"If someone would have told me then that in another six months I would be celebrating with him his first haircut, as a Jewish boy, together with so many other women survivors like me, I wouldn't have believed it."
Yad L'Achim chairman Rabbi Yisrael Lifschitz cuts the hair of Jewish boy that Yad L'Achim rescued from an Arab village.
Yad L'Achim activists recently conducted a "seminar on wheels," educational programs combined with field trips, for Jews rescued over the past six months from missionary cults and Arab villages.
On a special field trip organized for dozens of women extricated with their children from Arab villages by Yad L'Achim activists in daring missions, mothers and their children arrived at a special facility in Emek Hefer, in central Israel, where they were greeted by Yad L'Achim staffers bearing drinks and fresh pastries.
The children were given hats and shirts specially designed for the occasion. They played under the watchful eyes of their mothers, who had a chance to chat with fellow survivors and offer one another words of encouragement. Yad L'Achim staffers circulated among the group offering advice and support.
Afterwards, the group traveled to "Yad L'Achim House" in Netanya, where they were served a festive meal. The highlight of the event was a moving address by Yad L'Achim chairman Rabbi Yisrael Lifschitz, who praised the women for having had the courage and commitment to begin new chapters in their lives. He spoke at length about the bright future that awaits them and their children, in the wake of their decision.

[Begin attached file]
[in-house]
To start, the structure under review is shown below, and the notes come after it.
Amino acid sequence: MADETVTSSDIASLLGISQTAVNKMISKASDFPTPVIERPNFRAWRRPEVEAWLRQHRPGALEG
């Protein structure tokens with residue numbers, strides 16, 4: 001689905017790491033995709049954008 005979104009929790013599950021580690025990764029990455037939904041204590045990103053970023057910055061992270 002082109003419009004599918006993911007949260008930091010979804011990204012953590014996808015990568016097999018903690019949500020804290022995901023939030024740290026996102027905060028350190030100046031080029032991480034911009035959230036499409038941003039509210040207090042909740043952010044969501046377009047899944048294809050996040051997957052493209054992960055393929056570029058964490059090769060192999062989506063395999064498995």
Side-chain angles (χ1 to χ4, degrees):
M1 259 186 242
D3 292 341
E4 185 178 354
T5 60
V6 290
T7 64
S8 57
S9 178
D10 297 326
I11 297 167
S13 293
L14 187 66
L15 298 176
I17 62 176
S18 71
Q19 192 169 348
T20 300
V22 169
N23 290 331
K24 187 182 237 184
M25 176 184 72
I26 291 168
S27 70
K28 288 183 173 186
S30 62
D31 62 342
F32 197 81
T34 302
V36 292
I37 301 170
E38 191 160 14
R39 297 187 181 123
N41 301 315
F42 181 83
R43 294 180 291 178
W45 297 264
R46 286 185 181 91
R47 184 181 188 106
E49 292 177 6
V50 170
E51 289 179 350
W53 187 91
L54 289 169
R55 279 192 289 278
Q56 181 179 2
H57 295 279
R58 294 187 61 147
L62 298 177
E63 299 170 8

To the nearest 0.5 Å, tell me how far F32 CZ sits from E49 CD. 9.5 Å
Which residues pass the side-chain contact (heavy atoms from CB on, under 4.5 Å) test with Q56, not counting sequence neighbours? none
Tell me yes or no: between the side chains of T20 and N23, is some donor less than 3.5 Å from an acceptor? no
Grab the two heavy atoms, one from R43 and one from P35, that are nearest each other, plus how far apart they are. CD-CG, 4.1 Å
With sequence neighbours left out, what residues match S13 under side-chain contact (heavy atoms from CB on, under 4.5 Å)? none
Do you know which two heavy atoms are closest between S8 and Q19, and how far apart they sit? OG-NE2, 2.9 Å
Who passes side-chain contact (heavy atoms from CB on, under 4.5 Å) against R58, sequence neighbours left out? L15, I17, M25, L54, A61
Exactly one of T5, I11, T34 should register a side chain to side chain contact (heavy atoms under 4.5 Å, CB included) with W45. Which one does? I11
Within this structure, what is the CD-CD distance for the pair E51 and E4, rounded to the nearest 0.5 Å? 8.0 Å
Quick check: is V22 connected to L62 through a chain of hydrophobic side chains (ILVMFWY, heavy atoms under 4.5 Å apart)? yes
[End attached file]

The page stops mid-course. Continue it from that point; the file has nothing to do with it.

At one point, the room grew silent as participants lifted a child onto a chair, where he received his first haircut, or chalakah.
"I can't describe how this boy looked just half a year ago, nor do I want to," his mother said in a voice choked with tears. "If someone would have told me then that in another six months I would be celebrating with him his first haircut, as a Jewish boy, together with so many other women survivors like me, I wouldn't have believed it."
At the end of the program, mothers and children, brimming with joy and emotion, were driven home in buses chartered by Yad L'Achim.
Meanwhile, Yad L'Achim branches in Tel Aviv and Haifa's Kiryat Eliezer prepared special programs for people saved from the missionaries. These are Jews of all ages and types whose common denominator is that due to Yad L'Achim's intensified PR campaign of recent months, they had cut off their contact with cults and are now taking their first steps in the world of Torah and mitzvos.
When they arrived at the Kosel, some of them for the first time in their lives, they stood by the holy stones with tears flowing freely and hearts opened wide as they took in the holy, uplifting atmosphere.
An especially moving moment came during the tefillah at the Kosel, when one of the survivors, Zeev Green, 79, rolled up his sleeve and put on tefillin for the first time in his life. The other survivors, who know Mr. Green due to his former prominent position as national safety inspector in charge of the country's factories, were moved to tears by the sight.
Yad L'Achim released a statement this week saying that this kind of programming reflects its approach "that emphasizes keeping constant contact with each of the survivors."